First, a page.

“The Man” is Douglas Dilman, an obscure black junior Senator from a Midwestern State. As a token gesture to quell racial unrest in the country, Dillman is appointed President Pro Tempore of the Senate. Shortly before The Man begins, the Vice-President has died of a heart attack. When the novel begins, the office of Vice-President is vacant. (Before the passage of the 25th Amendment there was no legal mechanism to fill a vacancy in the Vice-Presidency). When the President and the Speaker of the House are killed in a freak accident, Senator Douglas Dilman is thrust into the Presidency.
An illustration from the Readers' Digest Condensed Book version of "The Man"
Dilman has been a “yes-man” to the leadership of his political party. (Although the novel never expressly says so, it appears that Dilman is a Democrat). At first he falls into line with the wishes of the party leadership and the former President’s advisors.
In addition to Soviet incursions into Africa (remember this novel was written at the height of the Cold War) and racial unrest at home, Dilman has plenty of personal problems. Dillman’s dead wife drank herself to death as a result of depression. Dilman’s daughter is living in New York and passing for a white woman. Dilman’s son is a member of a radical civil rights organization which is ready to use violence to achieve racial justice.
An illustration from the Reader's Digest version:
Black Radical Students protest President Douglas Dilman
Everyone is shocked when Dilman stops being a yes man and vetoes a major entitlement bill, the Minorities Rehabilitation Program (MRP), which has almost universal support among members of the party. Now Dilman is disliked by nearly everybody: racist whites hate Dillman because he’s black, liberals hate Dilman because he vetoed the MRP, and radical blacks hate Dilman because he’s “an Uncle Tom.”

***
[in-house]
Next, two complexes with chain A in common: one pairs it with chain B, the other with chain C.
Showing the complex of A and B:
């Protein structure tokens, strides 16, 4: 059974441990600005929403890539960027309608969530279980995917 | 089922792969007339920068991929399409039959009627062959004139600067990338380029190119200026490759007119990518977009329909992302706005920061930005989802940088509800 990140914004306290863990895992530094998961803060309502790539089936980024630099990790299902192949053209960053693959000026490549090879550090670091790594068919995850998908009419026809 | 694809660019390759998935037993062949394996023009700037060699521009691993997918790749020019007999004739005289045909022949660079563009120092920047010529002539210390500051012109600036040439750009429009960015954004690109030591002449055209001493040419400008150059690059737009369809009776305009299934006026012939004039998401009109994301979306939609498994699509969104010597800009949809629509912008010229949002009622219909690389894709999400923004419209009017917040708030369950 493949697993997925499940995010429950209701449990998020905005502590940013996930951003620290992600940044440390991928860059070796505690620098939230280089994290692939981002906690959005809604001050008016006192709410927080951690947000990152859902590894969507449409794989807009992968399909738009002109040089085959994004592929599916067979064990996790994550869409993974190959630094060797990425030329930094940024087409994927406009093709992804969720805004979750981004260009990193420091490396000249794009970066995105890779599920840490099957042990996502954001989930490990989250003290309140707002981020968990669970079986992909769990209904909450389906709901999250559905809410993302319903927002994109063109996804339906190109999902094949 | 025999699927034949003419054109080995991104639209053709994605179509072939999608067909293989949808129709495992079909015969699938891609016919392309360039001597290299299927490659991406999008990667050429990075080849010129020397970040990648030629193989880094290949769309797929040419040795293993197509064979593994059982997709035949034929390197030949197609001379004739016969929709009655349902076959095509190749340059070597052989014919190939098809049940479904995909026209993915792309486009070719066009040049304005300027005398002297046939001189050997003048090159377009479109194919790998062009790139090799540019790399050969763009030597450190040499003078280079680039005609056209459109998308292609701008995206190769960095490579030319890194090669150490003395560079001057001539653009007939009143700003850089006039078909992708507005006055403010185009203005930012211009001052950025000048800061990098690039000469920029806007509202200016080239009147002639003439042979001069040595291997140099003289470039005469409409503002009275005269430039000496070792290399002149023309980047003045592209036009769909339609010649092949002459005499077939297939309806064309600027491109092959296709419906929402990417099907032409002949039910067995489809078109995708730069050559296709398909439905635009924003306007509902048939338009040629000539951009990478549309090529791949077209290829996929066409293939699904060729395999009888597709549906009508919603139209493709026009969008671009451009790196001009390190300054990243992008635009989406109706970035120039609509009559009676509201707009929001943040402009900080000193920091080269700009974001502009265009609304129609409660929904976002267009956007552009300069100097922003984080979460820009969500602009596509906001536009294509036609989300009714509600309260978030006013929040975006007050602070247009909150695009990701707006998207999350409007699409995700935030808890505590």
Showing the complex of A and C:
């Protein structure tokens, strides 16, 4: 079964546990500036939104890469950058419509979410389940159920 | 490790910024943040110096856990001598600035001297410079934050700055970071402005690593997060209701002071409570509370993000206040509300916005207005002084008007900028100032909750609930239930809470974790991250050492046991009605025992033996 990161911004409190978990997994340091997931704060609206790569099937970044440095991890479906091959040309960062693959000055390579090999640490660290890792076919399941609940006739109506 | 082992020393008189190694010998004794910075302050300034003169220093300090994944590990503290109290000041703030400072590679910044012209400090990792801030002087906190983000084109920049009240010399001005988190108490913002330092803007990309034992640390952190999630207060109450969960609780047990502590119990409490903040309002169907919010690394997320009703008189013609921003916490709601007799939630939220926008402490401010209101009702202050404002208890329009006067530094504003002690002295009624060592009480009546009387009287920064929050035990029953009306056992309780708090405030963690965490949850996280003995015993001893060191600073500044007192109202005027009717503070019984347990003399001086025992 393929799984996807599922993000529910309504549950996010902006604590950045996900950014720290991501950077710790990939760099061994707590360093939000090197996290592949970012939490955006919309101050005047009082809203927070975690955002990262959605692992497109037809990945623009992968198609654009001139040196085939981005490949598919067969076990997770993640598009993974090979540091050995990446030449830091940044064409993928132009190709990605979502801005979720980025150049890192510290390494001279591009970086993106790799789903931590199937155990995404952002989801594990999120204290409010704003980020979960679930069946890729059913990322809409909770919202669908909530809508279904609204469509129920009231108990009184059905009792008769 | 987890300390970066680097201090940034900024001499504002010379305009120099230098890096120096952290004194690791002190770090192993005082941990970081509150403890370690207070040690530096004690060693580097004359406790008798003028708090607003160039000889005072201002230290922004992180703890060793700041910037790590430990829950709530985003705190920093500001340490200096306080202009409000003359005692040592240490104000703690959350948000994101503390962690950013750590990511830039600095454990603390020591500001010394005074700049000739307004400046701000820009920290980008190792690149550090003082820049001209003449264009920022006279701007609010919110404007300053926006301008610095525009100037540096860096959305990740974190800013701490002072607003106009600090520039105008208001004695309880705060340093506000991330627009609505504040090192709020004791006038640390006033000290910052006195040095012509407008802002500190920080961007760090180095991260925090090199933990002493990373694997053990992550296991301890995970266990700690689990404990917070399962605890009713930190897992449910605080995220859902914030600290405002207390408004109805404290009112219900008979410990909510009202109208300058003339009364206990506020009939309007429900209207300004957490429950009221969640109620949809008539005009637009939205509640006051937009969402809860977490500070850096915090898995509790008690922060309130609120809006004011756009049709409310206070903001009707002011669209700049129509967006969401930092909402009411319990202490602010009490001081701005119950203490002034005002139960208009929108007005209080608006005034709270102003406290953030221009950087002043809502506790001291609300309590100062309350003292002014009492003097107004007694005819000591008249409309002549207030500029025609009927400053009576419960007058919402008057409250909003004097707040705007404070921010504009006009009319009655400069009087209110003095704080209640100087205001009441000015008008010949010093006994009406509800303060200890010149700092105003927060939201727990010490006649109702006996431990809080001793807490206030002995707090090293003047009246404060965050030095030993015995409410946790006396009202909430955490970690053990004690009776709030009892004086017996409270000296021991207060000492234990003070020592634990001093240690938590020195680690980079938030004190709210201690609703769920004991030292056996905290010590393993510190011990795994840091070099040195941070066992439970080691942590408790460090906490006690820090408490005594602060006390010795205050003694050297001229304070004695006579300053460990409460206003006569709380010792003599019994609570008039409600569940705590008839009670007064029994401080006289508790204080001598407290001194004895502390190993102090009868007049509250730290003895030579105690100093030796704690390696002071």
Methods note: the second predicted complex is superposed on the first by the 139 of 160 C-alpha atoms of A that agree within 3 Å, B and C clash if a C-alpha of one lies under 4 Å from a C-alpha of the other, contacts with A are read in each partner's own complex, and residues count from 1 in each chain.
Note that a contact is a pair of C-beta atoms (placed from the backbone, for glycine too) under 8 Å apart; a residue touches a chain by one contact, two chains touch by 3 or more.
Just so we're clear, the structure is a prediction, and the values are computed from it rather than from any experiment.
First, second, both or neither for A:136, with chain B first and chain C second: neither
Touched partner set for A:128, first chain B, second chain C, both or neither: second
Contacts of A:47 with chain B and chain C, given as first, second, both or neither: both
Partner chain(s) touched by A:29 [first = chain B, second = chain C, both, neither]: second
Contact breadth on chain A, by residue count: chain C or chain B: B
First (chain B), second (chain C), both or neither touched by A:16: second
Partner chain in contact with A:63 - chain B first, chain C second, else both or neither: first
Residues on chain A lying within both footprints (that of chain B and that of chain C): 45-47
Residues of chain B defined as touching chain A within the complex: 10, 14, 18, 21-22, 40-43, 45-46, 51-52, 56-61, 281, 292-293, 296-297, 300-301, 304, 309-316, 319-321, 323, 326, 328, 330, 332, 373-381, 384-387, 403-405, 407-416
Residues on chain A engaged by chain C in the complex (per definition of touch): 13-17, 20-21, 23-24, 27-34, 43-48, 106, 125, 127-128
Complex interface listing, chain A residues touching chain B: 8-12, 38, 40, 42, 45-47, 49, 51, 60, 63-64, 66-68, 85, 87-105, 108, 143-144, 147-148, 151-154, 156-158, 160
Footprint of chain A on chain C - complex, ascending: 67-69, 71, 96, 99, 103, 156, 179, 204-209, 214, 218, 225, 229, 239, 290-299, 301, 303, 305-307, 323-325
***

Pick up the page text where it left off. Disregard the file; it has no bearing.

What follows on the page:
President Douglas Dilman survives an assassination attempt.
The Old Guard Washington insiders plot against The Man.
This being an Irving Wallace novel, there is, of course, sex. The Secretary of State, the debonair Arthur Eaton, who is estranged from his wife, becomes involved with the emotionally unstable daughter of a powerful Southern Senator. Eaton recommends his mistress, Sally Watson, as the White House Social Secretary. Ultimately, Sally becomes Eaton’s spy inside the White House. When she is caught spying by the President, she falls back on the tried and true method of accusing the black man of sexually assaulting her.
Secretary of State Arthur Eaton becomes cozy with Miss Sally Watson
His firm belief was that the House members, having enjoyed the catharsis of vituperation, would now realize the historic gravity of the decision they faced. They would realize that an impeachment in modern times was unthinkable, that the legal instrument of reproof and discipline in the Constitution had become obsolete. In fact, just the other night, unable to sleep, Dilman had come across the words of an eminent political scientist who had characterized impeachment as a “rusted blunderbuss, that will probably never be taken in hand again.” Surely, the more judicious of the House members would see that, would think twice before signifying aye or nay.
Ultimately, like President Andrew Johnson, Dilman is saved from impeachment by a single vote.
The real Man: President Barack Obama
Although Irving Wallace did not write great literature by any stretch of the imagination, reading a Wallace novel is like eating potato chips: once you have a bite it’s hard to stop. Wallace was a good writer who carefully constructed stories and knew how to sink the hook into the reader. I enjoyed reading The Man a great deal. While Wallace was not a great novelist, when a 48 year old out of print novel can still entertain a reader, I am prepared to say that Wallace was a great story teller.
The prolific Irving Wallace (1916 - 1990)